The type of treatments carried out by dentists, and orthodontists (specialists in straightening teeth), under the Scheme include general dental tooth replacement/restoration services, teeth extraction, straightening or aligning teeth, and surgery on the mouth, jaws or face.

It’s also worth noting that, quite apart from any work done under the Scheme, you need to ensure your child sees their dentist for regular check-ups as children with cleft palate have a greater incidence of dental decay than normal.

If you would like further information on the Scheme, please contact Medicare on 13 20 11 or 1300 652 492 or visit the Department of Human Services website.

There’s a lot going on in your mouth that is not visible to the naked eye, and dental X-rays allow your dentist to see what’s happening below the surface. By taking X-rays, your dentist is provided with a comprehensive assessment of the health of your mouth.

No visible signs of trouble

Tooth decay can be sneaky – it doesn’t tend to show physical signs of its presence early on. X-rays are an important diagnostic tool that allows your dentist to confirm if you have tooth decay, or if you have any problems such as infection around the roots of the tooth, or bone loss. Spotting it early means your dentist can deal with the problem before it becomes a significant issue.

Safe for everyone

Regardless of whether you’re a child or an adult, you can have X-rays safely taken of the inside and outside of your mouth. The amount of radiation involved is extremely low, and is equivalent to the sort of exposure you’d receive on a 1-2 hour flight. This means that even if you’re pregnant you can have X-rays taken, although they are generally kept to a minimum during this period.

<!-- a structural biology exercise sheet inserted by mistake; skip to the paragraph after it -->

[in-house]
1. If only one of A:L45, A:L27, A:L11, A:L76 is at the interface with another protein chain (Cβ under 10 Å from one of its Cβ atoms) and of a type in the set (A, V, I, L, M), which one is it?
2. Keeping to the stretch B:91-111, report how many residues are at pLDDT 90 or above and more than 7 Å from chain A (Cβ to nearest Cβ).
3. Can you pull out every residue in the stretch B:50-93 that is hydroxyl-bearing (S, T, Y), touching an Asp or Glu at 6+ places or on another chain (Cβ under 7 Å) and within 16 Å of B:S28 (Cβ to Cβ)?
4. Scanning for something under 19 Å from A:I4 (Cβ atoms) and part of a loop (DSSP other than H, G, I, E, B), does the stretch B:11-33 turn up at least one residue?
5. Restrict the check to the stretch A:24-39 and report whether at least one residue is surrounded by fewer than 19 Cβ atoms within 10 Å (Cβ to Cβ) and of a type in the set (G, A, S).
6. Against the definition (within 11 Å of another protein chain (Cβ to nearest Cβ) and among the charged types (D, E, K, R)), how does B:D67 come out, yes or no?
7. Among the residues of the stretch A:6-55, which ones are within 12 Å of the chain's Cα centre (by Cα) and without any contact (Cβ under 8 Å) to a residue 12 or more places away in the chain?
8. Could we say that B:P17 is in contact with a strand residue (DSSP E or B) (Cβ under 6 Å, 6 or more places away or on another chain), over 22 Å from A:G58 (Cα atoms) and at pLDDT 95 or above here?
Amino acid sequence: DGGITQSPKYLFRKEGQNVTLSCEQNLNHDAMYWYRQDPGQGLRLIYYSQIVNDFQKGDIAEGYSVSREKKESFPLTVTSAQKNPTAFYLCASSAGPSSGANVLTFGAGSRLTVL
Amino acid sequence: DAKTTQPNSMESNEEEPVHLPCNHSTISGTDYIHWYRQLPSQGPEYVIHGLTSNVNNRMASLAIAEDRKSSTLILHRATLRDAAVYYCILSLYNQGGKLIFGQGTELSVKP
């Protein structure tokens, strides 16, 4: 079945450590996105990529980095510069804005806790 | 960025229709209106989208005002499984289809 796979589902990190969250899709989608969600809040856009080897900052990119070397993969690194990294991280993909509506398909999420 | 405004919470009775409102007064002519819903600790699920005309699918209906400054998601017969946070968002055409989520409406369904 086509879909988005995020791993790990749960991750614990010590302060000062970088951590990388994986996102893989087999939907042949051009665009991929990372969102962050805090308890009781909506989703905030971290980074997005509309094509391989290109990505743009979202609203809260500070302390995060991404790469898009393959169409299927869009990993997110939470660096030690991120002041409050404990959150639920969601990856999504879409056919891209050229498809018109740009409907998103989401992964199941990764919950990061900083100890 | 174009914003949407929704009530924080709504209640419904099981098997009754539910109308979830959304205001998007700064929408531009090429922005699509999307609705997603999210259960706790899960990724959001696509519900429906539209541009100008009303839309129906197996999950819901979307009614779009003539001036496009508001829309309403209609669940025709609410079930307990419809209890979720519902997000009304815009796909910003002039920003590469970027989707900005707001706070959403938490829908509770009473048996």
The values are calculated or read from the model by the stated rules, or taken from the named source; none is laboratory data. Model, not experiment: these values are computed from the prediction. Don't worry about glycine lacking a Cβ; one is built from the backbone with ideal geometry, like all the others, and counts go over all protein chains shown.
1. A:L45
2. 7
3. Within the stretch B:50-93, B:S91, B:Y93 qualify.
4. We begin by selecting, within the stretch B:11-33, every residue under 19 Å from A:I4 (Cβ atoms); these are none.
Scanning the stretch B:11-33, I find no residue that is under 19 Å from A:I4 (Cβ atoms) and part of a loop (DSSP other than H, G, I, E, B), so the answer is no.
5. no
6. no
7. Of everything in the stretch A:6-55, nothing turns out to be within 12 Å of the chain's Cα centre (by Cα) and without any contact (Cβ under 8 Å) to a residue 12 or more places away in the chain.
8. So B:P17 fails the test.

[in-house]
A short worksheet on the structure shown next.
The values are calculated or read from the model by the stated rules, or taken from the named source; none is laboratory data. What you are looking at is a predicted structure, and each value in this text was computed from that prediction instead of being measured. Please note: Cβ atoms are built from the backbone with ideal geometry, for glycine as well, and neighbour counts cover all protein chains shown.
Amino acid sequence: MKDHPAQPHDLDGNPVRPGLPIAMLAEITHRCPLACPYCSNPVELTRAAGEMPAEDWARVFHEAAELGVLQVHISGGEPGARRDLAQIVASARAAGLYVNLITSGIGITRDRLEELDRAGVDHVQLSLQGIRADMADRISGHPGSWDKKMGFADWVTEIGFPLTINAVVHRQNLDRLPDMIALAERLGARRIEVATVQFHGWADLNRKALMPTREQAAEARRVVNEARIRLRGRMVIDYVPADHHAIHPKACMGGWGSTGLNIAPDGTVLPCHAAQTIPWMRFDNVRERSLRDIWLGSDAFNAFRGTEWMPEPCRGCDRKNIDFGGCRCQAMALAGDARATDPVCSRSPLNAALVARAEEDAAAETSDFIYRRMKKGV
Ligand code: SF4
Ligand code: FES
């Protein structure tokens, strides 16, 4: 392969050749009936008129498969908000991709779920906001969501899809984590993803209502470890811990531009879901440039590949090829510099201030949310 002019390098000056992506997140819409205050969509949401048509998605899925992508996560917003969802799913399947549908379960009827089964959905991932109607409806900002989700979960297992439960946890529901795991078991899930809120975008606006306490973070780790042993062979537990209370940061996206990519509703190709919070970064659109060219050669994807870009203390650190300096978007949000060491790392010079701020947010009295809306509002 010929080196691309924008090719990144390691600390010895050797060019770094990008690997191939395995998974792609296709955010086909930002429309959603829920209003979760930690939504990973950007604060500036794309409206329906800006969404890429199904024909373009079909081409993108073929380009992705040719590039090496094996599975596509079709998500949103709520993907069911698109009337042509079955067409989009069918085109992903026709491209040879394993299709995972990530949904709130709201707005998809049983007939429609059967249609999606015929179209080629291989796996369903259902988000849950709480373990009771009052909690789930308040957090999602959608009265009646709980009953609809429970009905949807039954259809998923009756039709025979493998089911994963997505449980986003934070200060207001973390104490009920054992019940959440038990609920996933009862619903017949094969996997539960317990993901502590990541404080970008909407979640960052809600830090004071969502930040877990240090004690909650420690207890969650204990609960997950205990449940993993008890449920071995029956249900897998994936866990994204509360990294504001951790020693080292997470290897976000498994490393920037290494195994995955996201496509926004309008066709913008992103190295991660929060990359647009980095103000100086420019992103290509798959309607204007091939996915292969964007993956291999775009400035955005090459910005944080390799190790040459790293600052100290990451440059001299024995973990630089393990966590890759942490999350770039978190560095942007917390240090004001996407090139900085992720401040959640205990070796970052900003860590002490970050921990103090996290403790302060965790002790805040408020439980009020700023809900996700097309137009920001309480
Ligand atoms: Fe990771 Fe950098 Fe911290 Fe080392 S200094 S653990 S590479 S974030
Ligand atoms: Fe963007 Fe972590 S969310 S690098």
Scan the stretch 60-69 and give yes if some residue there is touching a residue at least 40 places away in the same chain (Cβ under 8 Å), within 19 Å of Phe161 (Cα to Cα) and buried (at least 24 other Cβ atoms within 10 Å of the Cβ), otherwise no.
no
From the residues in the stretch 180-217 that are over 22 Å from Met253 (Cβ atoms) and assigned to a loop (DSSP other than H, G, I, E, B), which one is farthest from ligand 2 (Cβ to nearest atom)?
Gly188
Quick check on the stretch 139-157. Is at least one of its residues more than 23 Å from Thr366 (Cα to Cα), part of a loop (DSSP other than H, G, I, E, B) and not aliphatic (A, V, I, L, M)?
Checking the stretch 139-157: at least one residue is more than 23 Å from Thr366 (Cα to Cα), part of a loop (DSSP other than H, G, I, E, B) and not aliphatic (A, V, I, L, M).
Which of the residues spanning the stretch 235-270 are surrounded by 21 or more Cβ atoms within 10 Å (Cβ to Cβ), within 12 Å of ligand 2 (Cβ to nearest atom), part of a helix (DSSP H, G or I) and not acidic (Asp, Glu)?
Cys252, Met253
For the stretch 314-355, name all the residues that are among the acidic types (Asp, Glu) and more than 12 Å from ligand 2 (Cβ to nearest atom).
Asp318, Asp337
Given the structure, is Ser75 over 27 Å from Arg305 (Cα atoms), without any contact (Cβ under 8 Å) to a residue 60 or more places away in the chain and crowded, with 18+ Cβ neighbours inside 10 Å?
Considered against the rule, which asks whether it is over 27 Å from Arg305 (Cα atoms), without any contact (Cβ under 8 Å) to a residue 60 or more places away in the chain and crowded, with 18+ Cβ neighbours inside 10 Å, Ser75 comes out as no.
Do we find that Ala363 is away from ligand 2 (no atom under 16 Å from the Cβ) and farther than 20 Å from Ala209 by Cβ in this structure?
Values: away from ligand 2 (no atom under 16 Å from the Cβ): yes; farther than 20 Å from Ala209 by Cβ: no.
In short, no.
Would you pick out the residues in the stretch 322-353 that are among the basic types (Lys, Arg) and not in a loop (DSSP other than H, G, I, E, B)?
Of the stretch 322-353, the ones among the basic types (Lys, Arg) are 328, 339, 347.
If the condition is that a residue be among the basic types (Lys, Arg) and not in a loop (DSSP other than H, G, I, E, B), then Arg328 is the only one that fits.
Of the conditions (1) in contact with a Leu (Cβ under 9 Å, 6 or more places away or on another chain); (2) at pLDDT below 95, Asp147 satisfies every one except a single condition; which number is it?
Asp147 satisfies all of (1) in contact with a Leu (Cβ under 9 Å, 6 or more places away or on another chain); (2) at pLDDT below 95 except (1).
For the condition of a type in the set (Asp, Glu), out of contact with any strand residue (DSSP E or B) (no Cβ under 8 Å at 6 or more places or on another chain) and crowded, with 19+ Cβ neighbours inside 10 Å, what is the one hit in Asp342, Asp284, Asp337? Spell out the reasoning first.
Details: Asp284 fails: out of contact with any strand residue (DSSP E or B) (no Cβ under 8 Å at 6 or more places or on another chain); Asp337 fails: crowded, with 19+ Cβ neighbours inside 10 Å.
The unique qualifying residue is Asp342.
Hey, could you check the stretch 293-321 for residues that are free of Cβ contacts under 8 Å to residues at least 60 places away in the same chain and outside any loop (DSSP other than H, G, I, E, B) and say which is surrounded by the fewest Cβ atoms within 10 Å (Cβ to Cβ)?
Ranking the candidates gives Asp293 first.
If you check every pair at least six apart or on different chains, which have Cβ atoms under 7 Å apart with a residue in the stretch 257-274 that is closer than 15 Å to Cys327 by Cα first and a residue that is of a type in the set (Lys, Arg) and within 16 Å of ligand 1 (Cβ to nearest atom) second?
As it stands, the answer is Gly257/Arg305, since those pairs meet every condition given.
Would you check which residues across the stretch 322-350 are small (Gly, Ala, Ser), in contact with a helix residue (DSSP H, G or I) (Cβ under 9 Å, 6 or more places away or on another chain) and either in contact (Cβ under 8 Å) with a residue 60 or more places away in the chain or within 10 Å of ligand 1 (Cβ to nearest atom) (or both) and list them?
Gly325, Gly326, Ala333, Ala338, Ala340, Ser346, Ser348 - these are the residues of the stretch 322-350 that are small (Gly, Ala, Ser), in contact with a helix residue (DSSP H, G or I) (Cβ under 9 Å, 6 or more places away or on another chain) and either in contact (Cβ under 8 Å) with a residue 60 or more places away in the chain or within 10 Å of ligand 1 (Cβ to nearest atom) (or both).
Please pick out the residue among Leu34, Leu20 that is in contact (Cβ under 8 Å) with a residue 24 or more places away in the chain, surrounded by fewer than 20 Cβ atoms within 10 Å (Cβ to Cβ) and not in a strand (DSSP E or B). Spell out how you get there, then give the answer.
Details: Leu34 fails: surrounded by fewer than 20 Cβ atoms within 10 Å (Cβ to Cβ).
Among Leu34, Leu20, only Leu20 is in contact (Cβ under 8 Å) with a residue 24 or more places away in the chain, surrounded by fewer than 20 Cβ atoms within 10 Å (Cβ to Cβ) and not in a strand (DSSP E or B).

Oh, and that thing about your dentist leaving the room while the X-rays are taken? Nothing to worry about there – they’re taking lots of X-rays all day long and stepping out of the room limits their ongoing exposure to radiation.

Why X-rays are needed

The types of X-rays your dentist will take will depend on the conditions they are assessing you for. The decision to take an X-ray, and the type of X-ray taken, will be influenced by such things as your past and present oral health, an examination of your mouth, your age, risk of disease and any early symptoms of oral disease.

What can dental X-rays detect?

  •  Small areas of decay between teeth not visible in the mouth
    •    Problems with existing fillings, root canals, crowns or bridges
    •    The presence and severity of gum disease
    •    Abscesses or other sorts of infections
    •    Tooth development issues such as malformed teeth, extra or missing teeth etc.
    •    Cysts and some types of tumours
    •    Traumatic injuries such as tooth and bone fractures
    •    Proximity of teeth to nerves and sinuses
    •    The development of wisdom teeth and if there is a need for them to be removedIf an X-ray uncovers decay, your dentist will likely opt for fillings as the preferred treatment.